Around 15 years ago, Samantha Jayne Nelson came back to work after the Christmas break and sent out an email to her work colleagues.
The heartfelt missive set out that he would now be presenting as she – her true self – and her name was Samantha Jayne. She also then thanked them for their understanding.
As she pressed send, she became the first boss of an oil rig – the offshore installation manager (OIM) – to openly identify as transgender.
Born and raised in the North East of England in a traditional, working-class Catholic family, Ms Nelson made the decision to confirm her transition after years of feeling shame and fear.
The catalyst for her to choose to live as her authentic self was a friend and colleague, her “ally”, who had found out about Ms Nelson’s identity and encouraged her to embrace it fully, and she has not looked back since.
Ms Nelson is now about to embark on the next stage of her career as a business leader focusing on diversity and inclusion in the workplace, despite her admitting such a high-profile role is unusual for her – because she has also admitted to being an introvert by nature.
She will be the keynote speaker at The cHerRies Conference, in association with Mattioli Woods, at P&J Live on June 8 to highlight how professionals in HR, training, recruitment and organisational effectiveness can best navigate issues around equality and diversity.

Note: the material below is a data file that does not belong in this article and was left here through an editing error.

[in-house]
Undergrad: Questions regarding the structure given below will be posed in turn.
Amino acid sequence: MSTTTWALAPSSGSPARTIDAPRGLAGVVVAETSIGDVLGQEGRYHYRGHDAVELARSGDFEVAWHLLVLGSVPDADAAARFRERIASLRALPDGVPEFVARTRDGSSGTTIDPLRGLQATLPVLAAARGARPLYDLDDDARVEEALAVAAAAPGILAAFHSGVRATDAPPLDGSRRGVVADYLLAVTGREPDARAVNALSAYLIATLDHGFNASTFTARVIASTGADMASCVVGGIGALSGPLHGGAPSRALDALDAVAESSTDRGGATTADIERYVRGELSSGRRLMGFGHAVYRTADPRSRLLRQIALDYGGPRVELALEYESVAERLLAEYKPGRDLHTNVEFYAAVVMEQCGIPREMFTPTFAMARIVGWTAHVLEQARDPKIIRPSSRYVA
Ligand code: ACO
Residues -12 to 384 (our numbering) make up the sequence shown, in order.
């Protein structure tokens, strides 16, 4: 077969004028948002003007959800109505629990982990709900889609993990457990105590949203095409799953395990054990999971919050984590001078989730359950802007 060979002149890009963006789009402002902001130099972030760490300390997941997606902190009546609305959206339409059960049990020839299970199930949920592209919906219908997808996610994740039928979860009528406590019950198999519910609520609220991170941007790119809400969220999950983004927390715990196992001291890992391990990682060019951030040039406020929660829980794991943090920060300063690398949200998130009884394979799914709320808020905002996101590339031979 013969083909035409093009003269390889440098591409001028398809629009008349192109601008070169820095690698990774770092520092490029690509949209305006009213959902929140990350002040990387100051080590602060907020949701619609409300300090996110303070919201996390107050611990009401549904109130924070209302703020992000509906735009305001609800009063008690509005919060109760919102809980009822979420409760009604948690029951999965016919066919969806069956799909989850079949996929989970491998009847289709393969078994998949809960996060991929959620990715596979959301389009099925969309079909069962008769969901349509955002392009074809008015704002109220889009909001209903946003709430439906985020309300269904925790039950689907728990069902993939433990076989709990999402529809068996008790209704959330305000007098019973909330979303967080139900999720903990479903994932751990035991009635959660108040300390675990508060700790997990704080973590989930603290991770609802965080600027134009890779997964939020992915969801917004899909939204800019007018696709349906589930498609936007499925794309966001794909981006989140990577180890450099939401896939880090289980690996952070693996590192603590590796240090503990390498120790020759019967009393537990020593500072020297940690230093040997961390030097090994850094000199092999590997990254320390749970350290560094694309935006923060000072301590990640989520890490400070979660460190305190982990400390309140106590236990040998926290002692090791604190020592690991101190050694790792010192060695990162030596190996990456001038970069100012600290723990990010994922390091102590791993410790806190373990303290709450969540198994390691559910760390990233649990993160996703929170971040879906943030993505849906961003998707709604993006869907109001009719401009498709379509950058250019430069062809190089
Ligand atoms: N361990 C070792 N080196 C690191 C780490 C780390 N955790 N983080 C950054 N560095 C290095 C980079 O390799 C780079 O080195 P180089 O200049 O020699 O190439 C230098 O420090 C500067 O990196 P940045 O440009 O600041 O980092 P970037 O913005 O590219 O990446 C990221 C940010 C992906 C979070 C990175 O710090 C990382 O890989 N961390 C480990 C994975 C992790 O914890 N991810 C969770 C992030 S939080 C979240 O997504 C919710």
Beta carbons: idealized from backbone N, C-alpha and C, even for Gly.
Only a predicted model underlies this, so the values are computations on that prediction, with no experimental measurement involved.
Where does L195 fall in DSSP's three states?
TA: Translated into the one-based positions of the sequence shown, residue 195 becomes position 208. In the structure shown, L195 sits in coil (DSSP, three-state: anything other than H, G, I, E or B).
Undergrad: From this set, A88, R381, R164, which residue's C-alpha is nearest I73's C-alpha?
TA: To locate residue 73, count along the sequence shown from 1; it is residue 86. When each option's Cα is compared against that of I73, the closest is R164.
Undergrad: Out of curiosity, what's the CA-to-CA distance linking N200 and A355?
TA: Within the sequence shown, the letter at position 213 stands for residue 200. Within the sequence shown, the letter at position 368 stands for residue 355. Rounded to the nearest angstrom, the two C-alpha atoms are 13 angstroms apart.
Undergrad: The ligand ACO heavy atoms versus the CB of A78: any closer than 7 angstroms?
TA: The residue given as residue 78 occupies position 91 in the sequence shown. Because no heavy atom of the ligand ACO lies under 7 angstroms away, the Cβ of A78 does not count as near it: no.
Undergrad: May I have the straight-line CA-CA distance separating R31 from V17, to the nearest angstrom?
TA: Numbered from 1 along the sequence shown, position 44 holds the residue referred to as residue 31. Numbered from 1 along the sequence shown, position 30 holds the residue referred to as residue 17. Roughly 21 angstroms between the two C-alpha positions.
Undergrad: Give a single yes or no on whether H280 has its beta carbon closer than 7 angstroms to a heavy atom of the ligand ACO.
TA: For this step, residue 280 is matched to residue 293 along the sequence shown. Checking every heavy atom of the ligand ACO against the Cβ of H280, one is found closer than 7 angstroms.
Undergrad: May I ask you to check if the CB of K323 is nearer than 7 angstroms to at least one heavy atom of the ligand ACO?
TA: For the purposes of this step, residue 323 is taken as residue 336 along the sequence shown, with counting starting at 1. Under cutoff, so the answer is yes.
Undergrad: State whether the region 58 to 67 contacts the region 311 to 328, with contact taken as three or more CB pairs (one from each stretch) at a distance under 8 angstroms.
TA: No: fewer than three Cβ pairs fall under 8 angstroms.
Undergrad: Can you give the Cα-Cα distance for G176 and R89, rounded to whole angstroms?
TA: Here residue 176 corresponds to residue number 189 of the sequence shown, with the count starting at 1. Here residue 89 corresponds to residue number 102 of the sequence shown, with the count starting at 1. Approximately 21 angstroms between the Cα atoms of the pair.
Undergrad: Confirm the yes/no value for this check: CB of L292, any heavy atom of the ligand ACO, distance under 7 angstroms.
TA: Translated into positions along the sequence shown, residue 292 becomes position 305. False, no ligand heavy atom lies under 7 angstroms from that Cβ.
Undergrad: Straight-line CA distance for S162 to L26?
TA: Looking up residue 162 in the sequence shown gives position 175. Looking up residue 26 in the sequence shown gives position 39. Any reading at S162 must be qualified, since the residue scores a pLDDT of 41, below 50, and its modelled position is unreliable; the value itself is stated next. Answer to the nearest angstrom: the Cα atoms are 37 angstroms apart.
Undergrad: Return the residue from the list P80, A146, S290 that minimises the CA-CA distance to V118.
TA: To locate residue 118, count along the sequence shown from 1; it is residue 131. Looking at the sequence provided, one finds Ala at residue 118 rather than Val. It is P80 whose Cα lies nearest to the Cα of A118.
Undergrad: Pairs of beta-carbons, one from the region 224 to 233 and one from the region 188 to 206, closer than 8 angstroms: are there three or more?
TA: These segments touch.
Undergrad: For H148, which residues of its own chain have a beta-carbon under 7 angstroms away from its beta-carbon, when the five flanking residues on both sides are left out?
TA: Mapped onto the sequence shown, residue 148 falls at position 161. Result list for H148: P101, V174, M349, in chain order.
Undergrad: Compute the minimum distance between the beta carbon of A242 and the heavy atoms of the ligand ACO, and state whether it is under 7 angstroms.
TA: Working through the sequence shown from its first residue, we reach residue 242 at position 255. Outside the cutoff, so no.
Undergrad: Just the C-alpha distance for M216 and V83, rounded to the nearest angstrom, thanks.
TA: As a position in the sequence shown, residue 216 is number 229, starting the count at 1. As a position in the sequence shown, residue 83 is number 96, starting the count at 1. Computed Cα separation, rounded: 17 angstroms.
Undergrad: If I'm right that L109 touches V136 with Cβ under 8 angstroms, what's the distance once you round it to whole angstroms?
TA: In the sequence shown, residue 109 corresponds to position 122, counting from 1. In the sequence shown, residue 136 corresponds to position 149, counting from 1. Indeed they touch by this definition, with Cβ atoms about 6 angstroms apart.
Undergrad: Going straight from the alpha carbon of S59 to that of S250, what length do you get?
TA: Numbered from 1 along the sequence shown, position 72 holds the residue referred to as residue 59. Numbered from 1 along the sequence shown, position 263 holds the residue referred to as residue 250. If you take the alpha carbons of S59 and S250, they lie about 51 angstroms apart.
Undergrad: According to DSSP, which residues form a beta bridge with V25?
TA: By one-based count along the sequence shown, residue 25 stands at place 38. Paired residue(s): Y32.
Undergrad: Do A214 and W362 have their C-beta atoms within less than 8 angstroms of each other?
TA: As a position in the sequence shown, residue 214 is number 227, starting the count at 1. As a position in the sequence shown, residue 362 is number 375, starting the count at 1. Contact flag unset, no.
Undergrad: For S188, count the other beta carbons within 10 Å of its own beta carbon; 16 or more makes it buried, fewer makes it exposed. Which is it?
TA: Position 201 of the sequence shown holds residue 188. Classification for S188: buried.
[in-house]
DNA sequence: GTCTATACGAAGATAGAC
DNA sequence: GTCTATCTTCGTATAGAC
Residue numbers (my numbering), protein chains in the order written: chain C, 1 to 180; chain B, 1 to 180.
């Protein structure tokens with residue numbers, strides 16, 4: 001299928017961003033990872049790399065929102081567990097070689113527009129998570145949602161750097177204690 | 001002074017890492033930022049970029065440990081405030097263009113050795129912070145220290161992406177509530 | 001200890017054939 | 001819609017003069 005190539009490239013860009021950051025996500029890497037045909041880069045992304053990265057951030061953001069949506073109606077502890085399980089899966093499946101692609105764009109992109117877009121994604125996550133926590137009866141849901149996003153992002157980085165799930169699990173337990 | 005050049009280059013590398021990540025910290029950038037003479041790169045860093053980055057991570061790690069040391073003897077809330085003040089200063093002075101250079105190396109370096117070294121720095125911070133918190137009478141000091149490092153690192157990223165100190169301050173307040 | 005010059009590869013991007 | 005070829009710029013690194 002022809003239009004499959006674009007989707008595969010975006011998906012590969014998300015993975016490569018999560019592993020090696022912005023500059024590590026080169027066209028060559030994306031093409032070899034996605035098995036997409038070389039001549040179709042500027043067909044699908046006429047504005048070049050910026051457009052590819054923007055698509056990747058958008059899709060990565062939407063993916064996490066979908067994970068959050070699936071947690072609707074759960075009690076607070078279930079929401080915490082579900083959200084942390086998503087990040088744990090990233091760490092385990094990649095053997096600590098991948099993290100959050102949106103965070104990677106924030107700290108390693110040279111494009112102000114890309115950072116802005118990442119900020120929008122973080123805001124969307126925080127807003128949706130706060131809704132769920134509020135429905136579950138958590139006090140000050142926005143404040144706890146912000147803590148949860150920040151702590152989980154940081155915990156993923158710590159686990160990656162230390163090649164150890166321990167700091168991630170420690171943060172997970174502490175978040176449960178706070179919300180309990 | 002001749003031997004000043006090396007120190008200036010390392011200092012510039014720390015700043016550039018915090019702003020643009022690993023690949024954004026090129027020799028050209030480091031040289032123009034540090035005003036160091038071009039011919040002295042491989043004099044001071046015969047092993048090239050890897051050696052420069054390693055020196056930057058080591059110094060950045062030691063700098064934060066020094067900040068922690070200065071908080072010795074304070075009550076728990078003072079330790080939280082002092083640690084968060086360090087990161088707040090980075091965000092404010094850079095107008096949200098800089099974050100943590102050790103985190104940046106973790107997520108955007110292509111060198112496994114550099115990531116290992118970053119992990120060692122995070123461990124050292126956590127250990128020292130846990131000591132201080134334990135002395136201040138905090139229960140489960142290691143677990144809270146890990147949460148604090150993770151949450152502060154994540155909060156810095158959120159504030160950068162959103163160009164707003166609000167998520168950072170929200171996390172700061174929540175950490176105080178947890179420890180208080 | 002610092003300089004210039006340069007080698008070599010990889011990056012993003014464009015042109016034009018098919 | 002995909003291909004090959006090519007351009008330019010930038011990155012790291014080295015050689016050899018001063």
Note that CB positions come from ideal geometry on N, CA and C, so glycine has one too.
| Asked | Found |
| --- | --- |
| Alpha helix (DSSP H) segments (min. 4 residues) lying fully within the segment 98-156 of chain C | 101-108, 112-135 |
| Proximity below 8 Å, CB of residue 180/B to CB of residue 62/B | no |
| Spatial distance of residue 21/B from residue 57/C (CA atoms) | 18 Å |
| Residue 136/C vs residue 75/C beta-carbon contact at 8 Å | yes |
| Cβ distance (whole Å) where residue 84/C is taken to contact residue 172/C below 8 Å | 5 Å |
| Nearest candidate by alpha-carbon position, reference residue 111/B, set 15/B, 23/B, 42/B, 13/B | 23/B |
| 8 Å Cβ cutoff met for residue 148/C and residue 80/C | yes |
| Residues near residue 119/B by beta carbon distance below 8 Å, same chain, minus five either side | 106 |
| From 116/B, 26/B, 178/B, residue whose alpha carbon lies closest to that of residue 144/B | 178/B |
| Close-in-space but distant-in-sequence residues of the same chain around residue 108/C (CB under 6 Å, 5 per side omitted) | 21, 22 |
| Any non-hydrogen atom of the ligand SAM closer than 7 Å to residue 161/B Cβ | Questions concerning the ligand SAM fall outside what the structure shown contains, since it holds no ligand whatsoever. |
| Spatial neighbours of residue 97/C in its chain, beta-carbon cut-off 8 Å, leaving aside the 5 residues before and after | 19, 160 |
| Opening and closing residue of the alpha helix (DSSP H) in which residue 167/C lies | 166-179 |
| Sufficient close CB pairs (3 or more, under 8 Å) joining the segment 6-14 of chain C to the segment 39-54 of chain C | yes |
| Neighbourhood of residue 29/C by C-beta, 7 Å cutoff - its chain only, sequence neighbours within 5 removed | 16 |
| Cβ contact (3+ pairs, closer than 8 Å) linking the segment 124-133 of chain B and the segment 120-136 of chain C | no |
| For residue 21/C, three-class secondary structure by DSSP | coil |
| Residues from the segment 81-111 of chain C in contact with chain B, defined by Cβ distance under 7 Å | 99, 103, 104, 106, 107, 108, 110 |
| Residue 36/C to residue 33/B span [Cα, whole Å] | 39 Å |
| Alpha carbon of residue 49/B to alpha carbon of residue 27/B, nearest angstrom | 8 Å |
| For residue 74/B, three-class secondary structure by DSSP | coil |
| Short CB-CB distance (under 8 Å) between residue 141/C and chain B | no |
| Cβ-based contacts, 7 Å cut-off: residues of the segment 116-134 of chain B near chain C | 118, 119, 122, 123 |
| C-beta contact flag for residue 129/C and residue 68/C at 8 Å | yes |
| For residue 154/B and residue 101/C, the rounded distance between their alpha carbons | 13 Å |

“I was very much taught that if anyone found out, I’d lose everything and that would be the end of my life,” recalls Ms Nelson of her trepidation before deciding to affirm her identify in the workplace.
Her ally, a fellow OIM, encouraged her to approach the company’s HR boss – although there was then no agreed process in place for someone to change their gender.
“All of a sudden this safety net appeared and I was able to start thinking – is that life on the other side?
“She didn’t change the world, but she changed my world.
“And that is the power an individual, an ally, can have.”
Rather than advising the setting out of rules or requirements, Ms Nelson advises firms to bring it back to basics when ensuring the workplace is inclusive for all, whether it is for women, LGBTQ+ people, people of colour or people with disabilities.